Can Credit Repair Companies Remove Hard Inquiries?

Quick Answer

Credit repair companies cannot remove legitimate hard inquiries, and they can’t remove inaccurate inquiries any more effectively than you can yourself. You have the right to dispute inaccurate hard inquiries on your credit report for free.

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Credit repair companies can't remove legitimate hard inquiries from your credit report, and neither can anyone else. And there's really no need to pay a credit repair company to get an inaccurate inquiry removed, since you can do that yourself for free.

How Do Credit Repair Companies Work?

Credit repair companies charge you based on the promise that they can help you get negative information removed from your credit report. You'll often be charged in the form of monthly subscription fees or for each item the company is able to successfully get removed from your credit report.

However, credit repair companies make use of the same dispute process everyone with a credit report has the right to use. While their marketing may suggest they can remove negative information that's accurate, they legally cannot.

Credit repair companies are regulated by the federal Credit Repair Organizations Act (CROA), which requires them to provide you with a written contract specifying the services they provide and how they charge for them. The CROA also forbids them from claiming they can remove accurate credit report entries and forbids them from collecting payment until they fulfill the contract.

The CROA further specifies credit repair company contracts must include cancellation forms, and that you have three business days to cancel the deal without incurring charges.

You can do everything a credit repair company does for free, and the process is straightforward and easy.

How to Dispute Inaccurate Inquiries Yourself

Correcting an inaccurate hard inquiry is a matter of reviewing your credit reports and following the appropriate procedures. You have the right to file a dispute with the relevant credit bureau to request the removal of information in your credit report you believe to be in error.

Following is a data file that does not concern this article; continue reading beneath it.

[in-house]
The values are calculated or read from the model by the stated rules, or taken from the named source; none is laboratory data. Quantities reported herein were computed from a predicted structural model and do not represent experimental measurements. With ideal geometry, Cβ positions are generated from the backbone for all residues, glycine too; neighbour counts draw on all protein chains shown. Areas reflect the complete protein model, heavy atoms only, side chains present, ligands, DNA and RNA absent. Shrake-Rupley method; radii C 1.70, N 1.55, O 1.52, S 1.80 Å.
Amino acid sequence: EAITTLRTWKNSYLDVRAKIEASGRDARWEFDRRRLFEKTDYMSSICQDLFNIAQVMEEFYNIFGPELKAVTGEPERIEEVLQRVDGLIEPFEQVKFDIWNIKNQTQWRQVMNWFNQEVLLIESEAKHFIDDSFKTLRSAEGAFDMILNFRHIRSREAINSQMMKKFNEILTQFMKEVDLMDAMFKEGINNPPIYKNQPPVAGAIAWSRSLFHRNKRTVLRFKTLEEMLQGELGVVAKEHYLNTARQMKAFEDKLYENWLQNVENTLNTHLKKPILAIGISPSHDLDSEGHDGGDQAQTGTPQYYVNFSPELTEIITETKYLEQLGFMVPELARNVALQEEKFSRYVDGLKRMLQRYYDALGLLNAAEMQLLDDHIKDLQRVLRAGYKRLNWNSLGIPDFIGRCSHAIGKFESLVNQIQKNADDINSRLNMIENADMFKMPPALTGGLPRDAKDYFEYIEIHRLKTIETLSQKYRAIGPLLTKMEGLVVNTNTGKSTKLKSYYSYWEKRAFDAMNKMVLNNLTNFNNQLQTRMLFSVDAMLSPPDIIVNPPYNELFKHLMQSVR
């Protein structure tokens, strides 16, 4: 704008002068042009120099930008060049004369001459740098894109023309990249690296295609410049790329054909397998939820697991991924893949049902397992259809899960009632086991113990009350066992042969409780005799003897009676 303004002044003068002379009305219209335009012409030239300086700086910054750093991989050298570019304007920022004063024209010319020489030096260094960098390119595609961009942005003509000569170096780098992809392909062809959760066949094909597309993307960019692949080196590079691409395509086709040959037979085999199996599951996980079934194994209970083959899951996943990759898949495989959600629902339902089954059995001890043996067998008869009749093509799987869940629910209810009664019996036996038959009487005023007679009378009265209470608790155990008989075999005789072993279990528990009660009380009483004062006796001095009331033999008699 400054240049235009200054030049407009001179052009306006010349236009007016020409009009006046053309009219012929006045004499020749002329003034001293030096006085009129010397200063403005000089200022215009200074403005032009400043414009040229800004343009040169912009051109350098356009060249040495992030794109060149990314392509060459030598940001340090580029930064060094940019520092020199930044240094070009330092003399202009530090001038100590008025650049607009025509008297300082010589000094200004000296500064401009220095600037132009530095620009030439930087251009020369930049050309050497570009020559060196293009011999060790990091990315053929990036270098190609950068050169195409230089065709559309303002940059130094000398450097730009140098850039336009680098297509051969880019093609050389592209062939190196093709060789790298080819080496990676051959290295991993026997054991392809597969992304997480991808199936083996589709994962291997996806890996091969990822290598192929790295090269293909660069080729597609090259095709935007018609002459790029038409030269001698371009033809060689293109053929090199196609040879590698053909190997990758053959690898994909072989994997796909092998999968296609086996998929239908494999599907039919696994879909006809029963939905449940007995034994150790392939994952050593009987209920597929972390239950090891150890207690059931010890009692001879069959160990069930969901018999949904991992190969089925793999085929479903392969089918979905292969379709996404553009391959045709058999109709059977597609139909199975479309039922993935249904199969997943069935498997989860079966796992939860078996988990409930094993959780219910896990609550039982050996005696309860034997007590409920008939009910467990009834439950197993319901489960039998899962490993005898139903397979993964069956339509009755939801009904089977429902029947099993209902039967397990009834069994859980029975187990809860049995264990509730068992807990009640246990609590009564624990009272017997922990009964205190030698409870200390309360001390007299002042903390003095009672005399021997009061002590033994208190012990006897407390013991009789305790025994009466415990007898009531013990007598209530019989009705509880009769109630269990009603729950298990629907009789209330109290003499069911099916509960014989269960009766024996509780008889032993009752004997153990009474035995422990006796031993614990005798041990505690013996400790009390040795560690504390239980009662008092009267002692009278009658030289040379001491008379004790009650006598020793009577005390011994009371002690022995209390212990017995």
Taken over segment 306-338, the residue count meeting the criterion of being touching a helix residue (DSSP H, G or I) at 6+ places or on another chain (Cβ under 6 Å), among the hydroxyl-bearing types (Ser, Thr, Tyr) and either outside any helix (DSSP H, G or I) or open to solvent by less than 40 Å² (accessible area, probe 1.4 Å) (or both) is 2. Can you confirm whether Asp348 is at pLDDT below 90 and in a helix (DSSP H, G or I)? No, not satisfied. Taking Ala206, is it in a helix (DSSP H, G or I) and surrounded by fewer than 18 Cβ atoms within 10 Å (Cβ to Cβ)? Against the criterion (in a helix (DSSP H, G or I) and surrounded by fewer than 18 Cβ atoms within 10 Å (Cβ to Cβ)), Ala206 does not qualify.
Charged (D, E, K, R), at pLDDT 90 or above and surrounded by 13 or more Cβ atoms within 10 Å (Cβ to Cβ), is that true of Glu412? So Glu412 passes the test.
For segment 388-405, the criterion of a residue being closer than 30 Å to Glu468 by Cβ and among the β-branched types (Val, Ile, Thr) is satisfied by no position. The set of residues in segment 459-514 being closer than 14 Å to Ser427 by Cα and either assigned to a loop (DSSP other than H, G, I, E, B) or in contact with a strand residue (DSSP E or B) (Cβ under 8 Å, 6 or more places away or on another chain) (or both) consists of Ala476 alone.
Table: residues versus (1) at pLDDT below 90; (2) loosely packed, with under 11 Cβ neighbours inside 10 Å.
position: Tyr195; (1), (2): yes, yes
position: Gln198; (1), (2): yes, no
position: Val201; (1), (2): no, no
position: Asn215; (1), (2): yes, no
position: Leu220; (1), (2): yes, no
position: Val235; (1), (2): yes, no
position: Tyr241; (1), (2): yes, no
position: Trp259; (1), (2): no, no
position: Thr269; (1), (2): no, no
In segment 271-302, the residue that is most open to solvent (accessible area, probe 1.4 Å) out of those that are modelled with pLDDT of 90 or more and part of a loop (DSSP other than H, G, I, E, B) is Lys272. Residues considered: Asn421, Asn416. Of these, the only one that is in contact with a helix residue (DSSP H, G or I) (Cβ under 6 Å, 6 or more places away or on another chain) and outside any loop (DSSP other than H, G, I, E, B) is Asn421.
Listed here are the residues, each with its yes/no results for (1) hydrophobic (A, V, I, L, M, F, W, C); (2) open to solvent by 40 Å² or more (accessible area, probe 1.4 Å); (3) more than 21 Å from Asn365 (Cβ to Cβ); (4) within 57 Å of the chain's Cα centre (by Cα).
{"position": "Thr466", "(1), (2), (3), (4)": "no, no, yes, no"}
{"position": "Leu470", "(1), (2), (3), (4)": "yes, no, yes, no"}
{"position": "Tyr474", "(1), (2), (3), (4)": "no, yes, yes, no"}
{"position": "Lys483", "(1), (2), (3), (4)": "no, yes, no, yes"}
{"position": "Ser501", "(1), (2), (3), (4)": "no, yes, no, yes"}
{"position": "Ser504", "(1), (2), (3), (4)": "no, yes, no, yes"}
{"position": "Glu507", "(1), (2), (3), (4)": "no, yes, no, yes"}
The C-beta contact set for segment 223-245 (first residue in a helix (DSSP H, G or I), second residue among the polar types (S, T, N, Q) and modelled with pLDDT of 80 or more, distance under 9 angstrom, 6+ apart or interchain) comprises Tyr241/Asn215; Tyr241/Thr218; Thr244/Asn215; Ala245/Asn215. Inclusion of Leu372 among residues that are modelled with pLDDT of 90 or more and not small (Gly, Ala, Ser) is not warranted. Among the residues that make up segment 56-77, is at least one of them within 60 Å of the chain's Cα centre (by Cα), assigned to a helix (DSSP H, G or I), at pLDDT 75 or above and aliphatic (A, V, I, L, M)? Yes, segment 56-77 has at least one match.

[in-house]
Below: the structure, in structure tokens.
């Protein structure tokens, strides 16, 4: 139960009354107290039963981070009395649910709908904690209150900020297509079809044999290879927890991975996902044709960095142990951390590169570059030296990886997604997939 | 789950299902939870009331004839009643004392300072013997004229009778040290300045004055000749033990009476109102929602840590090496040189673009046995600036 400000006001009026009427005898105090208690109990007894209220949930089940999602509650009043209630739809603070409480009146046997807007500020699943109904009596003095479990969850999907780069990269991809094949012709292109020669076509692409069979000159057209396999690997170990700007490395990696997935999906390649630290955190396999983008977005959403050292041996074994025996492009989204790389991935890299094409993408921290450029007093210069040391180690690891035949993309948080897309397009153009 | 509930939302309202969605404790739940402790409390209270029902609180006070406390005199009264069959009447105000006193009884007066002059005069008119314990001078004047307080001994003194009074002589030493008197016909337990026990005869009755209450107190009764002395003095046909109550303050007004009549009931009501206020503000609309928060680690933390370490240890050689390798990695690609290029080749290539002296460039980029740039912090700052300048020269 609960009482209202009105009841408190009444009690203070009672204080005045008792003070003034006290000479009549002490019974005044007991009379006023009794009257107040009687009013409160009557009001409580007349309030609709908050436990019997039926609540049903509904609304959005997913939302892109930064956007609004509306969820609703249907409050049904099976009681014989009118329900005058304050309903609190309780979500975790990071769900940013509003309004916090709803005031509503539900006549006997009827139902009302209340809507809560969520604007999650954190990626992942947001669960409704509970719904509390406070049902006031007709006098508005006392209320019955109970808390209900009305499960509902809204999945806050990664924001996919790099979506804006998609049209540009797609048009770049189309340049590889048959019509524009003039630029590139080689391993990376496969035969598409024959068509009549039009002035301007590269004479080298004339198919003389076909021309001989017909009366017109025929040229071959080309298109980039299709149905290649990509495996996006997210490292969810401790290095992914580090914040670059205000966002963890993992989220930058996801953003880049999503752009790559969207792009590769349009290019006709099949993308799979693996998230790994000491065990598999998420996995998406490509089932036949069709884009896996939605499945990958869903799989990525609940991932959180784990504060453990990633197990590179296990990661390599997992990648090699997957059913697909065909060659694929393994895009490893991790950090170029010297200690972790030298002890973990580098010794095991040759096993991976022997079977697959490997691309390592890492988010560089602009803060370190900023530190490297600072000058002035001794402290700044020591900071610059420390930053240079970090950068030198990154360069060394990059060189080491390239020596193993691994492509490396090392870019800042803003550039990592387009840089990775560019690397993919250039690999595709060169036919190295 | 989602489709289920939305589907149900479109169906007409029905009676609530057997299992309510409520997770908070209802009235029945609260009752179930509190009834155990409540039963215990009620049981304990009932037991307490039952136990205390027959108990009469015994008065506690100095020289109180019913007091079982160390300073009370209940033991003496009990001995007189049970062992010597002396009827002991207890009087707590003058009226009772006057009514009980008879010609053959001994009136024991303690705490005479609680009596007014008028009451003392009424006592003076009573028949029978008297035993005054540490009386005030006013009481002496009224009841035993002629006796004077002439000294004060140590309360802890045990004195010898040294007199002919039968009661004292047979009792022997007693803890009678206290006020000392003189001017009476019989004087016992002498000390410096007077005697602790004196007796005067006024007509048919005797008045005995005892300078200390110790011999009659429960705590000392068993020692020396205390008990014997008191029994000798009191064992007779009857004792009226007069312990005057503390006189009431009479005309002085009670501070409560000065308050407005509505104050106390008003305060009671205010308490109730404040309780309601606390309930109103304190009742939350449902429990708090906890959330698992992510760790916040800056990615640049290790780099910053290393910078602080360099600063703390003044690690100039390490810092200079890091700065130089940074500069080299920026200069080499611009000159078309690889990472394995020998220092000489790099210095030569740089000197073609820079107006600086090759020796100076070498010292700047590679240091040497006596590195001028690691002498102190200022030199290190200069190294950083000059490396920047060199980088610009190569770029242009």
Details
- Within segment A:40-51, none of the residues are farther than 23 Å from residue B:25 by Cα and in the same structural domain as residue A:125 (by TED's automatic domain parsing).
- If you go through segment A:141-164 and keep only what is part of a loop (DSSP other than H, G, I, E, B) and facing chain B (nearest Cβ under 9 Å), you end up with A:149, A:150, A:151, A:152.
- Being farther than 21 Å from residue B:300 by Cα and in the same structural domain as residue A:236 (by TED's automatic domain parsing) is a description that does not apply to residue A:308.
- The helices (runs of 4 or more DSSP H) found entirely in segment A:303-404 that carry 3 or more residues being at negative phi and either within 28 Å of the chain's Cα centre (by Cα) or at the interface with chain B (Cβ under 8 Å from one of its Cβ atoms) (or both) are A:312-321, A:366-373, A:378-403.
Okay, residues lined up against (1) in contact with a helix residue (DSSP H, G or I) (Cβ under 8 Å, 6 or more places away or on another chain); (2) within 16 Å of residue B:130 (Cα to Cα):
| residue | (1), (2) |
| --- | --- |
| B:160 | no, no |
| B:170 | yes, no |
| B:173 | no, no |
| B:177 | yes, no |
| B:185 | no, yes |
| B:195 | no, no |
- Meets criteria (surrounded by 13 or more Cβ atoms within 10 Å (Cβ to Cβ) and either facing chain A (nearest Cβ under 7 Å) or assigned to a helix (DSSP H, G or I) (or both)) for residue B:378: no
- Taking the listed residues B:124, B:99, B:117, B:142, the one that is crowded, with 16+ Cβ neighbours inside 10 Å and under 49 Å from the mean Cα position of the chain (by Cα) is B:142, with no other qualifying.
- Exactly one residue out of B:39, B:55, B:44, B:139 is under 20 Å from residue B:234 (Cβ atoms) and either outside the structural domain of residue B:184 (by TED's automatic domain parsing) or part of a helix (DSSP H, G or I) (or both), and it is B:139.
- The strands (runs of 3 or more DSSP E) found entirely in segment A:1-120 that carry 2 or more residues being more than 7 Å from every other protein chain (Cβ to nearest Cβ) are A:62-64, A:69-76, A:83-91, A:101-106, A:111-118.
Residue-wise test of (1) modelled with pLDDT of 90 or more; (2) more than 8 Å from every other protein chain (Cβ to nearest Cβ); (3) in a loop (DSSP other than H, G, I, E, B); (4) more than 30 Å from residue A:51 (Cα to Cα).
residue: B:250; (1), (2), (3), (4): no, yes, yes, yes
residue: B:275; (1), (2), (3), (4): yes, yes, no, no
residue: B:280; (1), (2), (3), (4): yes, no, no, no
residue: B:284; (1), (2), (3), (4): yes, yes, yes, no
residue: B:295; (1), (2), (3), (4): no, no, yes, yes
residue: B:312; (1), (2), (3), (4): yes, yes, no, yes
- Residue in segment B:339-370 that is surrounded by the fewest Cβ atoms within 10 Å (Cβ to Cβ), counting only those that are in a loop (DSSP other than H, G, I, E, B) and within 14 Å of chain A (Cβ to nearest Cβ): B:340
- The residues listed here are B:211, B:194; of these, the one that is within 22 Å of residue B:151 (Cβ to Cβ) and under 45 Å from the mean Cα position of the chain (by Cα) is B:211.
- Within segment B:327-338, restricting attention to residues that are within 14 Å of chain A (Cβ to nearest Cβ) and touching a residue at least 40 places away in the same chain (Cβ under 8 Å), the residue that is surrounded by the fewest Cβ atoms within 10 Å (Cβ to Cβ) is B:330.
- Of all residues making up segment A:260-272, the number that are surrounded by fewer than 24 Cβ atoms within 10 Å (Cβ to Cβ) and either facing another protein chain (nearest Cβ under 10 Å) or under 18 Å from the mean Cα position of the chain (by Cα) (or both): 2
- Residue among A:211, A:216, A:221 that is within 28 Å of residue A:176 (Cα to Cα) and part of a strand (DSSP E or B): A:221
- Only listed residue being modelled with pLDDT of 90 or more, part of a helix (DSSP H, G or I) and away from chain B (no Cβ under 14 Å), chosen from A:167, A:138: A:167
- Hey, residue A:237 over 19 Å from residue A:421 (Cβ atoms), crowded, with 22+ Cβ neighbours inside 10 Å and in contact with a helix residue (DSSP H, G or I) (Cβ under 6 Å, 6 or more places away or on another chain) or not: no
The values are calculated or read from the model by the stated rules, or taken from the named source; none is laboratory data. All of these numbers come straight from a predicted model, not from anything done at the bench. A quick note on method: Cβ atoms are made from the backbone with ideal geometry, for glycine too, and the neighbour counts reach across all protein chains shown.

1. Get Copies of Your Credit Reports

You should regularly review the accuracy of your credit reports from all three national credit bureaus (Experian, TransUnion and Equifax). You can get a free copy of each once a week at

2. Locate and Review Hard Inquiries

Each credit bureau organizes its credit report somewhat differently, but each report is divided into sections, including one for inquiries. Hard inquiries—those related to credit or loan applications that can affect your credit scores—are listed under their own heading, as will soft inquiries, which do not affect your credit scores.

Like your credit accounts and payment information, which appear on any credit report the creditor furnishes the information to, each inquiry is only recorded by the credit bureau that received it. Depending on how recently you've been subjected to a credit check, one or more of your reports may reflect a hard inquiry. (If no hard inquiries were recorded in the past two years, none should appear on your credit reports.)

Check all hard inquiries to make sure you understand where they came from. Note that lender names are often abbreviated in inquiry entries, and that an inquiry may be legitimate even if the name listed with it is unfamiliar. An inquiry may also be recorded under the name of a creditor's parent company. Also keep in mind that entities other than lenders can perform credit checks with your permission, including landlords, home contractors, and retailers that offer financing on furniture, appliances or other goods.